Elderly statutory protections give the elderly the legal right to file a claim against a private party or entity for certain violations that affect the elderly as a class of protected people. Most of these elder laws have to do with long-term care in a nursing home facility, though they can also cover many other aspects of life (such as employment).
Some elderly statutory protections include:
While state definitions of violations can vary, violations can often include a wide range of conduct that harms the elderly. This is especially true of the definition of “elder abuse”, which can include anything from physical acts of harm to emotional or psychological abuse and intimidation.
In most cases, elderly statutes allow the victim to obtain a damages award for their losses. This will help them to recover costs like medical expenses and court fees. Here, the victim would need to show that that the defendant is responsible for their losses or injuries. This may require extensive documentation on the part of the victim.
In other, more wide-spread violations, the court may issue an injunction, restraining order, or other type of court order to prevent broad cases of abuse. An example of this is where the court issues an injunction requiring an employer to change discriminatory hiring policies.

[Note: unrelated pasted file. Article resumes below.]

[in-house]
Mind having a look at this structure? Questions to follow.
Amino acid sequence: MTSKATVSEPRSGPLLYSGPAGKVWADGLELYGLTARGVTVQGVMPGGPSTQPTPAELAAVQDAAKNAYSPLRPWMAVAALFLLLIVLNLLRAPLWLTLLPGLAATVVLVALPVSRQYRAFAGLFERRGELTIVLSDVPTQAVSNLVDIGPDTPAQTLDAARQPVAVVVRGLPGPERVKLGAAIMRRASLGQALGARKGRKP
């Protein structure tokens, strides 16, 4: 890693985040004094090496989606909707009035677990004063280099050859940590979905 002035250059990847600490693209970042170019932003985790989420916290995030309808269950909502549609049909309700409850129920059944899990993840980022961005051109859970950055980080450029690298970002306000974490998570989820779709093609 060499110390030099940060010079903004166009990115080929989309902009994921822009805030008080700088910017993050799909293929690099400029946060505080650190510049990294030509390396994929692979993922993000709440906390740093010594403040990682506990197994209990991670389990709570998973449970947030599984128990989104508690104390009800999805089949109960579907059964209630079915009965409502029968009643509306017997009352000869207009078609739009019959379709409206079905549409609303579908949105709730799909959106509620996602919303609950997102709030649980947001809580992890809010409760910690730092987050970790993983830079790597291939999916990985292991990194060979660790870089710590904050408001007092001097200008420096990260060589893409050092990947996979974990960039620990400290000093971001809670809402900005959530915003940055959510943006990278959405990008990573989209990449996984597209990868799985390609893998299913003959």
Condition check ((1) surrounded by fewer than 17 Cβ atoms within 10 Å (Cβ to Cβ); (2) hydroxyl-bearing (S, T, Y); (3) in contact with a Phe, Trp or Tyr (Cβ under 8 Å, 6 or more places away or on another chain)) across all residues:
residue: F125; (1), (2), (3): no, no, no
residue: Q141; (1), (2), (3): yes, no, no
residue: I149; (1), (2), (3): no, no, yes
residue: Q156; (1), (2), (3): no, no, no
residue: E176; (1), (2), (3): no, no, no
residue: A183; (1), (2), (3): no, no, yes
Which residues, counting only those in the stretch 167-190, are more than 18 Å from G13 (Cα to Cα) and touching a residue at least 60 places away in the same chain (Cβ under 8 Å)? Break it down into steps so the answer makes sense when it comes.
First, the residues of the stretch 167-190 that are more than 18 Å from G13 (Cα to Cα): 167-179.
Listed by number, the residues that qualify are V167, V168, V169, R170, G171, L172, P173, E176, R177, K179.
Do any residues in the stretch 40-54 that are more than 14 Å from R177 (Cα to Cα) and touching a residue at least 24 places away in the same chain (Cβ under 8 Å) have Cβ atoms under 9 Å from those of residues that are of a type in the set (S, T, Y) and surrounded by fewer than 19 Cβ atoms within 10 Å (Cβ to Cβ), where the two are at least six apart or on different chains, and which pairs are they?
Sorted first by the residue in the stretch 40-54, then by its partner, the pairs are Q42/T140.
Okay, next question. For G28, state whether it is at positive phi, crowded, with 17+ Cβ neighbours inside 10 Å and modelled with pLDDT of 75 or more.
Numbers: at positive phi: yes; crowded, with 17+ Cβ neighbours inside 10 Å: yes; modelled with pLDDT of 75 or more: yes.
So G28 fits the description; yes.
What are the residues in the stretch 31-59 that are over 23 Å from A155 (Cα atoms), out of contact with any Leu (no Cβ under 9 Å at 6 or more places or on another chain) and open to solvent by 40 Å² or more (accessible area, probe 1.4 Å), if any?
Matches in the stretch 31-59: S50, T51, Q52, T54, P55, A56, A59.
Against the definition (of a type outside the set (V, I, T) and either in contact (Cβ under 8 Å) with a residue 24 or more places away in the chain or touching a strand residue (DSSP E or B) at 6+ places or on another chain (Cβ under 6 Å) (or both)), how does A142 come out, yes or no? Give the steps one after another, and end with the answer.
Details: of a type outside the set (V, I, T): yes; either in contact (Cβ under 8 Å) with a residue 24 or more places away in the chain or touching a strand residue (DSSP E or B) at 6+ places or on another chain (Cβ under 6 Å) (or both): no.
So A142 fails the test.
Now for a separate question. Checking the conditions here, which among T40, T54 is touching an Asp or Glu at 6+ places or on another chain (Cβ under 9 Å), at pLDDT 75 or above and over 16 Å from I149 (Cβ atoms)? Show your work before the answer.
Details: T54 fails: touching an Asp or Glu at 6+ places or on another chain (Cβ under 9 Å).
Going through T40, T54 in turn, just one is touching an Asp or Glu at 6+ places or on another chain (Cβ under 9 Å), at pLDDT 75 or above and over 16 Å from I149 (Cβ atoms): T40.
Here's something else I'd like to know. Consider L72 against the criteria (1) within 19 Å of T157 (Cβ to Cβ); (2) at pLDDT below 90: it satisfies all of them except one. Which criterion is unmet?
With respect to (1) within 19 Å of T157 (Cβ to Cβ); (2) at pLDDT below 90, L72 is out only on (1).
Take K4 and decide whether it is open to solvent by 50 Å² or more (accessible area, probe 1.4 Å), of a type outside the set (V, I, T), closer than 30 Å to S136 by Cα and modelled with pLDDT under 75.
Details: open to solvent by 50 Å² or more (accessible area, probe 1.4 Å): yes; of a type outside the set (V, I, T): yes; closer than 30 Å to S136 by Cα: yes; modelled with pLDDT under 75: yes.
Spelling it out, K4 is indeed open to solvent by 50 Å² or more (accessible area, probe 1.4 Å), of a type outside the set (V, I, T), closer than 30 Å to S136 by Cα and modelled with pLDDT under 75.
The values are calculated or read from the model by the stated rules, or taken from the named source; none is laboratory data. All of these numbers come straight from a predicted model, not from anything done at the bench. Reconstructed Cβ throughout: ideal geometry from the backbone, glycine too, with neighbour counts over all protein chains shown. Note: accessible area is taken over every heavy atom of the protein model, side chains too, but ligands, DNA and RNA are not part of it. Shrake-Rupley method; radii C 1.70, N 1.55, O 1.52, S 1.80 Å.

Some states have statues that address the concern of “exploitation of the elderly”. This is where a person, care home, business, employer, or other party takes advantage of an elderly person. For example, some violations occur where a care home employee takes advantage of an elderly person’s lack of mental capacity due to aging. This can lead to theft of the elderly person’s belongings, or theft of their assets.
In more elaborate schemes, exploitation can involve having the elder person sign forms or purchase items because they are not aware of the overall consequences of such decisions. Again, states may define such violations differently, but they usually provide similar avenues for legal recovery. Exploitation of the elderly may require a lawyer or a representative to help with the claim, especially where the victim is truly unable to comprehend the legal issues involved in the situation.
Statutory protections for the elderly have undergone much revision over the recent years. If you or your loved one needs assistance with elder laws, you should contact a lawyer for advice. Your attorney can explain any new developments in this area of law, and can advise you on your legal course of action. In the event that you need to file a lawsuit, your attorney can provide you with legal representation during court proceedings.
Last Modified: 10-17-2012 02:35 PM PDTLaw Library Disclaimer
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